Consider this your regularly scheduled reminder that Nintendo doesn’t know what the hell it’s doing to online multiplayer games.
Today’s story comes from Hori, a longtime gaming peripheral manufacturer best known for its “fighting stick” controllers. Company unveiled the world’s first Nintendo Switch-compatible headset on Thursday morning, and it’s a weird one. Wait, this headset needs a dongle to work? And a phone?
As shown above, Hori’s headset solution requires a bit more cables and components than an average gaming system headset. The illustration recalls Nintendo’s own announcement earlier this year that the Switch’s eventual online gaming service will come with a companion app for both iOS and Android devices. When it was announced, Nintendo advertised this app ecosystem as a cleaner, easier way to navigate the social aspects of game services, including friend lists, matchmaking, and voice chat compared to console solutions.
With this Hori announcement, we can confirm what Ars theorized back in January: that all voice chat in multiplayer games for Nintendo Switch will be exclusively via the smartphone app. The headset’s artistic ties to the splatoon shooter series hints at Nintendo’s app service launching in time for the July release of Splatoon 2though Nintendo still hasn’t confirmed when the app, or the still-unnamed online service it’s linked to, will launch.
Not so smart glass
My concern about this issue stems mainly from my experience connecting apps for smart devices to other gaming systems. It’s never been “great”.
Smartglass launched as a limited “use your phone as a remote” app for the Xbox 360. I threw this in the trash almost immediately due to delays between tapping the phone button and responses on my Xbox. Shortly after, a separate Smartglass app went live for Xbox One. Eventually video games supported Smartglass modes, especially the first Plants vs Zombies: Garden Warfare game. This worked by allowing players to take on a ‘commander’ role in online battles. Instead of manually controlling a cartoonish soldier in the game, they can tap the screen of a smartphone or tablet to manage elements on the battlefield.
While the mode worked mostly as advertised, it suffered from slow performance and aspect ratio curvature due to its reliance on HTML5 as an interface. (This was especially bad if you accidentally turned your device while playing, which would temporarily distort and distort the entire live gameplay feed.) PlayStation 4 owners can similarly connect a few games to the PlayStation app for smart-games. devices. Again, this usually works by displaying HTML5 feeds, and these suffer from issues such as ratio distortions, hard-tap buttons, and unpleasant lags between your taps and responses in your games.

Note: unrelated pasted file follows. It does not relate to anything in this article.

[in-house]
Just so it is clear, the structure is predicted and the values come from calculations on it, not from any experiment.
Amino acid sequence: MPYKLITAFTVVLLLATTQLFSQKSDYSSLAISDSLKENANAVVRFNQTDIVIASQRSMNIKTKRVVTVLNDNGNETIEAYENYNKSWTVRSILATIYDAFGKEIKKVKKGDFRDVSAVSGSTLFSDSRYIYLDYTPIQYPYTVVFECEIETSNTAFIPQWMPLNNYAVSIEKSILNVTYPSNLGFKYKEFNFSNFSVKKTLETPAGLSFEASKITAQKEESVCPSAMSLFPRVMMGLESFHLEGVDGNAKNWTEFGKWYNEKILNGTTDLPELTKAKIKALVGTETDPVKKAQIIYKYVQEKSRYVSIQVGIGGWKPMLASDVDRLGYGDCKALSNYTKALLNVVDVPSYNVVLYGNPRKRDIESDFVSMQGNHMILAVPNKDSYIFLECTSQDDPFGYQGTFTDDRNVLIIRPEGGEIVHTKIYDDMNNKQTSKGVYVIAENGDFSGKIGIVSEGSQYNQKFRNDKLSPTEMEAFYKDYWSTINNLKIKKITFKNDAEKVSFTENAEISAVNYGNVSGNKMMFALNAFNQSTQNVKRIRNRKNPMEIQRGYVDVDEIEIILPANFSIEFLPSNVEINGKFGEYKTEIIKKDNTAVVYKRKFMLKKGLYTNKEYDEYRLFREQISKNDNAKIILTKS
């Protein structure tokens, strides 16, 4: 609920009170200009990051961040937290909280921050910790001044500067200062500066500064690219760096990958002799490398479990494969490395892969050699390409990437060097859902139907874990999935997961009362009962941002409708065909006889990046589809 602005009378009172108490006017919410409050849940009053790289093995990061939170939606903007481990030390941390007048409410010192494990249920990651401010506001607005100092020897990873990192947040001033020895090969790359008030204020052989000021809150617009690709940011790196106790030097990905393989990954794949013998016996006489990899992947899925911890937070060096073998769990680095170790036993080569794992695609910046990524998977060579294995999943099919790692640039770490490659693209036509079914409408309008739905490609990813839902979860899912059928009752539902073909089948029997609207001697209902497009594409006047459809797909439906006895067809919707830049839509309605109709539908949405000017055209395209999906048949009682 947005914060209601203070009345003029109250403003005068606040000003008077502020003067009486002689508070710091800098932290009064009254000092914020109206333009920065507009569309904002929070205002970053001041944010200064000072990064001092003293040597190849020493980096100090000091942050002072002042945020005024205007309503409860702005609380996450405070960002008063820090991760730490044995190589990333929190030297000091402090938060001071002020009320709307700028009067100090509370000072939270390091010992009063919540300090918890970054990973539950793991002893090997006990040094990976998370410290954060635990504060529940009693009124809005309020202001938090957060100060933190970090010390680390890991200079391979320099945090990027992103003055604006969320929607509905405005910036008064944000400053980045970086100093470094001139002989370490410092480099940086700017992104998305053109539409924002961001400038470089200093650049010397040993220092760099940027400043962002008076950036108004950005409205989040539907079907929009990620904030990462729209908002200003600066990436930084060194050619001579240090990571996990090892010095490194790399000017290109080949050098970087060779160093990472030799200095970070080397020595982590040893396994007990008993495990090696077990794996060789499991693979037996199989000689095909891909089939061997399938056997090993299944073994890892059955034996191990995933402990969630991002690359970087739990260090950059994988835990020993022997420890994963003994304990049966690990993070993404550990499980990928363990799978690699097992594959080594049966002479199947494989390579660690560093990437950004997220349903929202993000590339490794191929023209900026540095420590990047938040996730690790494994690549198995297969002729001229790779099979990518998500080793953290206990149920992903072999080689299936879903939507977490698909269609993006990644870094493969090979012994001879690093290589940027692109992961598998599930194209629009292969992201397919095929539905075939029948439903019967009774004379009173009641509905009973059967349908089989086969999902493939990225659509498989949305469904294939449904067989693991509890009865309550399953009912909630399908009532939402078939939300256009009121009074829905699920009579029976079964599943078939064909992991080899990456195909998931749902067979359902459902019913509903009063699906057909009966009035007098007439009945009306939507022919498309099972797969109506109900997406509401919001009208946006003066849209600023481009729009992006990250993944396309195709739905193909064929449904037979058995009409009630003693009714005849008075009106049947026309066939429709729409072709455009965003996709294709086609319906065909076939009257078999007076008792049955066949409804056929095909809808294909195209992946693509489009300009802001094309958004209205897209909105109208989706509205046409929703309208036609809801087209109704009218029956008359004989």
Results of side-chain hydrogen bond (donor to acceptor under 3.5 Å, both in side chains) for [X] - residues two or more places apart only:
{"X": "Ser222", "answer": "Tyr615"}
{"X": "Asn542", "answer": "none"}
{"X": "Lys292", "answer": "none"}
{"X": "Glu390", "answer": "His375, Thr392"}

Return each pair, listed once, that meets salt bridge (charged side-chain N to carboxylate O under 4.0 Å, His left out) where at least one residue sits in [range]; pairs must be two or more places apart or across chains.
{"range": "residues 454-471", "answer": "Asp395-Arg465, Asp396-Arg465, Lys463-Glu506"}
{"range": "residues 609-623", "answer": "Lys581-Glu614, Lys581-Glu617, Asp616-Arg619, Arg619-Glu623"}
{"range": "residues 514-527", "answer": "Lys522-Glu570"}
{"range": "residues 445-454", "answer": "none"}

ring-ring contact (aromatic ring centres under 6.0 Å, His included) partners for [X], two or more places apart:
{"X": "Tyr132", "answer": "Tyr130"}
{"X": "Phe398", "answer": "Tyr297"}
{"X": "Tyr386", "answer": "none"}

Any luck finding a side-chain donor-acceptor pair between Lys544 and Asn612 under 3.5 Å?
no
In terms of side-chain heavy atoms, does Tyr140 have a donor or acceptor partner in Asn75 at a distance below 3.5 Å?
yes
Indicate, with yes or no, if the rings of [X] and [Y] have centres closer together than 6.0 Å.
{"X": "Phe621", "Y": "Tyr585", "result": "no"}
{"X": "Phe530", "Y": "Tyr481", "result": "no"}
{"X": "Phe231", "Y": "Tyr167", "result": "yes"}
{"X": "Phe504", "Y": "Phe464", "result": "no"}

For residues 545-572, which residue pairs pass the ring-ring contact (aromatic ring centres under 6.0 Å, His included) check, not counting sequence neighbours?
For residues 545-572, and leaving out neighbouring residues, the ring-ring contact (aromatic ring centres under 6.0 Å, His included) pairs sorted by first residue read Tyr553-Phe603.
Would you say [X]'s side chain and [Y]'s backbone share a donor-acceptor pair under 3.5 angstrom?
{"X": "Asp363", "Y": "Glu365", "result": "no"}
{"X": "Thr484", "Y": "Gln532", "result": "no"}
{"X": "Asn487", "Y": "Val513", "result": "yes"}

Nintendo’s plan may be different, but not enough to allay my concerns. As advertised, it shuts down the entire friends list ecosystem on your phone as opposed to offering dedicated app game controls. But this still requires an elegant connection to your live Switch gameplay.
In Nintendo’s case, the last thing I want is… Lake loose clutter in the process of connecting with my friends. If I want to hear a party of four friends talking in a game, I have to guarantee a second clear signal to the Nintendo servers. In addition, Nintendo must guarantee a rock-solid connection between my three friends, my three friends’ Switch consoles, and my three friends’ smart devices. (If we want to hear important in-game audio as we talk to each other, we need to come up with a solution: either a one-ear headset with TV audio, or a complicated headset solution a la Hori’s offering.)
The Switch already requires Nintendo’s danged “friend code” system to connect with familiar friends, and every online Switch game released to date has its own version of matchmaking – which took some weird menu hopping to connect. make with friends depending on the game. It is still unknown if existing games will allow Switch friends to connect more elegantly, or if these older games will be left behind by the protocol of this new Switch app; the latter situation will only add to the confusion of this new app. We’re also still waiting to hear exactly how much the service will cost and how the “one free limited-time game per month” benefit will play out.
What, you don’t have a roof?
Why add these extra points of redundancy and possible failure? Nintendo hasn’t admitted this, but the app ecosystem may have been developed as a compromise to preserve the Switch’s home-portable hybrid nature.
When playing in ‘docked’ or ‘tablet’ mode, the system’s only headphone jack is inaccessible. Nintendo has chosen not to include a headphone jack in its Joy-Con controllers, much like PS4 and (newer) Xbox One controllers. Perhaps that was because of concerns about motion-driven games. Additionally, Switch doesn’t support Bluetooth headsets, perhaps to increase the reliability of the Joy-Con signal (since all Switch controllers work exclusively over Bluetooth and just happen to be able to connect four separate controllers to a Switch at the same time).
As a result, it feels like Nintendo is treating online matchmaking and voice chat as a “niche” feature, which is somehow worthwhile for interested players, but not in a way that would force the Switch’s engineers a tidier to make solution. That’s the company’s privilege, but Nintendo is about to charge players through its paid online service for the privilege of jumping through these hoops. According to Nintendo, Switch owners will get free trial access to the service for the first few months. Those months will be a big test of whether Nintendo’s service is worth paying for if it starts to cost money in the fall.
List image by Hori